Humans learn about product qualities through interaction as well as others’ decisions and perceive product usefulness by observing the interactions between models (avatars) and products. In the context of our simulation, observing that a branded hamburger (for example) was useful in recovering health points for the main character helped build a positive perception towards the brand.
As global trends have shifted to new digital advertising platforms, in-game advertising is becoming more mainstream. Coupled with the rise in ad-blockers and consumers expectations in content consumption, mobile advertising is clearly going to be part of the “new normal”. Our research has shown, together with commercial ROI data, that in-app advertising represents a much more targeted form of advertising and specific in-plot strategies that are constructive and useful represent one of the best ways forward for consumers.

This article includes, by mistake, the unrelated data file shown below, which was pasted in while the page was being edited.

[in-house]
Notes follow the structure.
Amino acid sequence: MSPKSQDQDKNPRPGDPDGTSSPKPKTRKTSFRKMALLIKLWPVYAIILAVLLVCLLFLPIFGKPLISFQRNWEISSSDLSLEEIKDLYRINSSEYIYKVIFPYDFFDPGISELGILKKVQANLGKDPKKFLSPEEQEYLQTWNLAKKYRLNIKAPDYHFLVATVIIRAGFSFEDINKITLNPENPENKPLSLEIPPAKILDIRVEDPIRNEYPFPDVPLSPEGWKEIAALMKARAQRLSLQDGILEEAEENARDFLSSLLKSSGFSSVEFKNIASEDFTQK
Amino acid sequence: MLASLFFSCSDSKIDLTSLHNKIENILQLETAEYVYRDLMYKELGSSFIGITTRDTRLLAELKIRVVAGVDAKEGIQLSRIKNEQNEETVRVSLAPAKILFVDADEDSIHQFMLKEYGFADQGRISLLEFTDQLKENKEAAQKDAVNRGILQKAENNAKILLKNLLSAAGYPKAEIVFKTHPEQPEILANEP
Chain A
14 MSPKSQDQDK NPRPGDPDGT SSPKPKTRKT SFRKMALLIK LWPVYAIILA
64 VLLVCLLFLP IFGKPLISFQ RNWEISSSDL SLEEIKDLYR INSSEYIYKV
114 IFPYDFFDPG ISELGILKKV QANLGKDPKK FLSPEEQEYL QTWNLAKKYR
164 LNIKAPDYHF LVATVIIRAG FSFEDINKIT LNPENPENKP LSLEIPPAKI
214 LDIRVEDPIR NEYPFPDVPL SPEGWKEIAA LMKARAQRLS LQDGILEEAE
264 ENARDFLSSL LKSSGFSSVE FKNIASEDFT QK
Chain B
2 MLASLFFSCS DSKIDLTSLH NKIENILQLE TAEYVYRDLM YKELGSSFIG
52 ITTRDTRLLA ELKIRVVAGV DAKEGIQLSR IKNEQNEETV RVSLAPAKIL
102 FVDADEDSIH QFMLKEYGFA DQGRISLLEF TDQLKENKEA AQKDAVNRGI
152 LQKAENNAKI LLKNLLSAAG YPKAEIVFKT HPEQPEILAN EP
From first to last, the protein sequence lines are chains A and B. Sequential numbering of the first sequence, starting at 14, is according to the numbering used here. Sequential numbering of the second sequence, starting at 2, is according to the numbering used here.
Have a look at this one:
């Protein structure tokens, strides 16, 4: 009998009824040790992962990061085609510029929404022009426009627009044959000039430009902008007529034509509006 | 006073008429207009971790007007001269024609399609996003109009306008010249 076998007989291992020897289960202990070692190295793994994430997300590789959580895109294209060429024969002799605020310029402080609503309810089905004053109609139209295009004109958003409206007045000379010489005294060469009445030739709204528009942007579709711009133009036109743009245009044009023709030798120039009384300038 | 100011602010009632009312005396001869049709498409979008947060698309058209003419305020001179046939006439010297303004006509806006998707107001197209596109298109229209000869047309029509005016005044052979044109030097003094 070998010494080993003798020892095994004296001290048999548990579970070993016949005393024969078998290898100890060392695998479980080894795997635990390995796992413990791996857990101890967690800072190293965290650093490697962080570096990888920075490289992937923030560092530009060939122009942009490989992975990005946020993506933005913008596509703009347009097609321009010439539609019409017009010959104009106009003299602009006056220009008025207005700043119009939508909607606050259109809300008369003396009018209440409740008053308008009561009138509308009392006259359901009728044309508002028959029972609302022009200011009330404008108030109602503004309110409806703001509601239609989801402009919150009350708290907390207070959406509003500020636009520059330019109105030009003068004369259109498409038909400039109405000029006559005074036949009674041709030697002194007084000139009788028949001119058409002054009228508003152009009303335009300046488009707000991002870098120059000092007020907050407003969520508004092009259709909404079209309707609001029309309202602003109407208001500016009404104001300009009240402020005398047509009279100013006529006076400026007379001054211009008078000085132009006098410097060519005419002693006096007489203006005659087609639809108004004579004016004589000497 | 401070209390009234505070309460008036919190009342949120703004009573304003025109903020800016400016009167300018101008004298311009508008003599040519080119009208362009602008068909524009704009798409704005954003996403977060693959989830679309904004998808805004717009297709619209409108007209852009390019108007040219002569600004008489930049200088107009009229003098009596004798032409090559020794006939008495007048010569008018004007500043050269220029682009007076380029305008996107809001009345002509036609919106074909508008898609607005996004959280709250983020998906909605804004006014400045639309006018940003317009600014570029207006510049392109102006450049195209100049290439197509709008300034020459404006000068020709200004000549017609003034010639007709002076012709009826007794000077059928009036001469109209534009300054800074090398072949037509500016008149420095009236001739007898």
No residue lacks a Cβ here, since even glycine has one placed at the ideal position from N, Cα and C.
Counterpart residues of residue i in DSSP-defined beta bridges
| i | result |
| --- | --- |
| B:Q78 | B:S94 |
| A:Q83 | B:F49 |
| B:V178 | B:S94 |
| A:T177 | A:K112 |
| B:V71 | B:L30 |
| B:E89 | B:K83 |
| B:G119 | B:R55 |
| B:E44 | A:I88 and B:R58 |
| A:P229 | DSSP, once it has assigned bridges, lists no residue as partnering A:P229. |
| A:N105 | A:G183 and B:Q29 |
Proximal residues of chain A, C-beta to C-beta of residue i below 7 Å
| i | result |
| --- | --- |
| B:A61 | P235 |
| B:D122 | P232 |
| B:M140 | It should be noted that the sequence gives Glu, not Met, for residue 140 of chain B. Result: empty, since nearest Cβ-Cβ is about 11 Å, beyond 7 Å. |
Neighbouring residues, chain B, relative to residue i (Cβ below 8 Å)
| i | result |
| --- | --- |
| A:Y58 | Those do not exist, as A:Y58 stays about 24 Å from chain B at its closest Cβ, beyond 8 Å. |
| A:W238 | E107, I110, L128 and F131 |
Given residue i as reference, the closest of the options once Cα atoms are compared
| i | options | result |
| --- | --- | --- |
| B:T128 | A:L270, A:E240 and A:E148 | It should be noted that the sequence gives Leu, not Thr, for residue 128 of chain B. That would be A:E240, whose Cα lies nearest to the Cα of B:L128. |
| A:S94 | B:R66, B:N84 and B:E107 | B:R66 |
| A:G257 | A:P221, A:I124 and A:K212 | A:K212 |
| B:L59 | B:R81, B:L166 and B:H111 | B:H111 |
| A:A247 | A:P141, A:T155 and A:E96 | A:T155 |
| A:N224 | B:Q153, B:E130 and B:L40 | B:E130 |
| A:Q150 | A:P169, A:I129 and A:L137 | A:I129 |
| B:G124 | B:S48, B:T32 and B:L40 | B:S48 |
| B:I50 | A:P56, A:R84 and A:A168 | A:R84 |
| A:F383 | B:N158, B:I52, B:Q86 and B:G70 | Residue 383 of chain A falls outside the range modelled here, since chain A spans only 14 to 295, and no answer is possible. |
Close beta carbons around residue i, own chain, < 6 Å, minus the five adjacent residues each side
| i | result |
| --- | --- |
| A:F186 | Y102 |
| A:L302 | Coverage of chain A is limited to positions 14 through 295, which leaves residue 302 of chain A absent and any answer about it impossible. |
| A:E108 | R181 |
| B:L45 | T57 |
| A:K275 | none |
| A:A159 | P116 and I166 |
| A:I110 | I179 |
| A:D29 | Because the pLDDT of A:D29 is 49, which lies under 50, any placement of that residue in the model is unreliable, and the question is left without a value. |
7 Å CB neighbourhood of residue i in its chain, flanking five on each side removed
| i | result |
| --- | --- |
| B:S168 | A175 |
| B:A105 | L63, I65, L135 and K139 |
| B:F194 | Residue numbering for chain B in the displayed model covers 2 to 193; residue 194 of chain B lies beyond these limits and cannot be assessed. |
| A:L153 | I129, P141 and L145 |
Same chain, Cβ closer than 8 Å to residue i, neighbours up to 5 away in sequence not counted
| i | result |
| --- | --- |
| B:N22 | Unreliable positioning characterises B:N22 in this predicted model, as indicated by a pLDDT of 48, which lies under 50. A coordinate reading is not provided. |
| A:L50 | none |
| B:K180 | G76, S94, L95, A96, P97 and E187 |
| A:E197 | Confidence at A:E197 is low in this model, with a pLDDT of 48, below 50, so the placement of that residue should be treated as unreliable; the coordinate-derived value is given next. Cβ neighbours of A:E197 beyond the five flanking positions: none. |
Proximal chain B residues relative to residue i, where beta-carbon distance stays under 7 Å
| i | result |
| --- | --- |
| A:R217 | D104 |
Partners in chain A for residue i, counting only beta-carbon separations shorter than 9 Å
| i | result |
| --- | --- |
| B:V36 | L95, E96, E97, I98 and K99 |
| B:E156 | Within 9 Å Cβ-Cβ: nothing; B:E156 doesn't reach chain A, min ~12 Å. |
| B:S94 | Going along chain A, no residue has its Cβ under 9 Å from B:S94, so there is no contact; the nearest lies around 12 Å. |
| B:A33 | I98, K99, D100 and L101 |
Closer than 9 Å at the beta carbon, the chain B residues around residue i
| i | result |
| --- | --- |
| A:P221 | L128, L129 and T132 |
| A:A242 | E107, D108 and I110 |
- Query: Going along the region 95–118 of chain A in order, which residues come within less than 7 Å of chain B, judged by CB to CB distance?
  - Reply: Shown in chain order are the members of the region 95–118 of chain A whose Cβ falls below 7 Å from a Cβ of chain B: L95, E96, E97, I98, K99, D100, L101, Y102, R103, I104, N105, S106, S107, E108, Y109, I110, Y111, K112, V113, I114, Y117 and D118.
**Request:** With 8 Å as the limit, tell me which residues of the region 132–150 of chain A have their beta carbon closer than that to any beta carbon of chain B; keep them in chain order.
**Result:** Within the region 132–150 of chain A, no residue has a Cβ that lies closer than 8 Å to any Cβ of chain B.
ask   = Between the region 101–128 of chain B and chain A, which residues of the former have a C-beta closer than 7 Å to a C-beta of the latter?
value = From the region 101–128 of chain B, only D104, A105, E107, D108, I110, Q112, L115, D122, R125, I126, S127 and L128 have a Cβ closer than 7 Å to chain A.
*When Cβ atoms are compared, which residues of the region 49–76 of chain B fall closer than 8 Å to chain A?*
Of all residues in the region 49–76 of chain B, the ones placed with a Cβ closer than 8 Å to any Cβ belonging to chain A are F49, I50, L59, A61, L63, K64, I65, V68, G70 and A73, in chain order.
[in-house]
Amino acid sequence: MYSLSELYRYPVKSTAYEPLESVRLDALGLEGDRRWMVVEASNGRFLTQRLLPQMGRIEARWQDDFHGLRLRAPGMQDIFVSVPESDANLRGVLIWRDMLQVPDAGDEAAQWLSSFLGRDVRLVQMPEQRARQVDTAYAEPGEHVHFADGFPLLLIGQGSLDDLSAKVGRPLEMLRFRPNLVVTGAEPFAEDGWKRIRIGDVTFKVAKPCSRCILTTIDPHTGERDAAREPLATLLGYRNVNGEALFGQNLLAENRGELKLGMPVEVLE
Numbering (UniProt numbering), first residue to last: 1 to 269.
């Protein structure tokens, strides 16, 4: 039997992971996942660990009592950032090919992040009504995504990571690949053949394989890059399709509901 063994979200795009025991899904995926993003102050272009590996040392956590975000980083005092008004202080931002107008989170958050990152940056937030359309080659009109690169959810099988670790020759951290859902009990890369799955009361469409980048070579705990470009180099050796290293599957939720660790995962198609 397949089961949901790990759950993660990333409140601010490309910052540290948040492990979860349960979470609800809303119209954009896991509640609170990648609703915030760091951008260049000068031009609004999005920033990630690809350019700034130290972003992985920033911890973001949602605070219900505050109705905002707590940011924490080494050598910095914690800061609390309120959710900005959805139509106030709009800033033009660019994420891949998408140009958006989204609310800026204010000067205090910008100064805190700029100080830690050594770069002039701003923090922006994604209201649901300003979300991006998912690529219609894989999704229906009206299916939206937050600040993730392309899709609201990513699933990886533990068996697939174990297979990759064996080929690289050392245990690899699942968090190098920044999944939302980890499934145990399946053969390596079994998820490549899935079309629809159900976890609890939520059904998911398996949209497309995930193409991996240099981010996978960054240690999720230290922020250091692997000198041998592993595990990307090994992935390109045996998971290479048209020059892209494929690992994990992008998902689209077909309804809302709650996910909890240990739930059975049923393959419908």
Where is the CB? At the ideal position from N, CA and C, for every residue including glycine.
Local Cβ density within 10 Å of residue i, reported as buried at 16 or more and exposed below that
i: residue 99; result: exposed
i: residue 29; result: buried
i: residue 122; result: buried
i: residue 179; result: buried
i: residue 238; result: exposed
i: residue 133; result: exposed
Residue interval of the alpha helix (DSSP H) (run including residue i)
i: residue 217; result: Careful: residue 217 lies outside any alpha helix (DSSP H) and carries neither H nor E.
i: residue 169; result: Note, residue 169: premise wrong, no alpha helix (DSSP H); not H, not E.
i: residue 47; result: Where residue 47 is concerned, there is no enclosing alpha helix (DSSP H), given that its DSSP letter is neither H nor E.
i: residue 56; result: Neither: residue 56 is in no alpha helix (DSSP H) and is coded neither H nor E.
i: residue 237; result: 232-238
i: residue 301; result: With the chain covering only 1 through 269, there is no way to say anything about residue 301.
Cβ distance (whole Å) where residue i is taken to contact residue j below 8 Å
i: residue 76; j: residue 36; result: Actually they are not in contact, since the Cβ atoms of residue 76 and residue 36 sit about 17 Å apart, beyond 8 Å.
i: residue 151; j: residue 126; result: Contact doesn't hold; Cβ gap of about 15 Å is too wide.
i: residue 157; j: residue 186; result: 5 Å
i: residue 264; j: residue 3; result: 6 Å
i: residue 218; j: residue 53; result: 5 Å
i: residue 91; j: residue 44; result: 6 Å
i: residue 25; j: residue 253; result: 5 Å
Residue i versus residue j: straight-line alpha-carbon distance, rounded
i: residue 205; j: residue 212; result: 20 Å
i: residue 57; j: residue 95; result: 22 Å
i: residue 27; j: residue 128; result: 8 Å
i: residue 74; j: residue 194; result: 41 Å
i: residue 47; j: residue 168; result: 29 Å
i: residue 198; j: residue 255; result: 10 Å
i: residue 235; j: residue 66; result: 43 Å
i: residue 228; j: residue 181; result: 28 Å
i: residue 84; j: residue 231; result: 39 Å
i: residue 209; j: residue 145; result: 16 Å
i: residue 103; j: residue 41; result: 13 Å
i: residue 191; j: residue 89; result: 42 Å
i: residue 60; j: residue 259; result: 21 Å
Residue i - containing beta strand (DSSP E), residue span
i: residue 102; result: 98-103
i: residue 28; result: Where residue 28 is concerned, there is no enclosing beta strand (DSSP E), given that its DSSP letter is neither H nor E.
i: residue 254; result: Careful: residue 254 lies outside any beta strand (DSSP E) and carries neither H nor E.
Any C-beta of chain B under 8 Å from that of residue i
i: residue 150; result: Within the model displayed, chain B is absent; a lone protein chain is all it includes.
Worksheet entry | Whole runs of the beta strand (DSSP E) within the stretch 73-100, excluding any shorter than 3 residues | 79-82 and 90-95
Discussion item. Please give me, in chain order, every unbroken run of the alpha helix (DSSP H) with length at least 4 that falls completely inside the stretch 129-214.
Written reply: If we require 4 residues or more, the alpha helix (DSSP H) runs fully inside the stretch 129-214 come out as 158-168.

Co-authored by Gemma Calvert & Monin Techawachirakul, PhD Candidate at the Nanyang Business School. The results reported in this article were published in the Journal of Promotion Management.
Techawachirakul, M. (2020). Violence in Games May Not Promise an Effective Brand Strategy, but Plot Relation Does. Journal of Promotion Management, 26(1), 121-143. doi: 10.1080/10496491.2019.1685621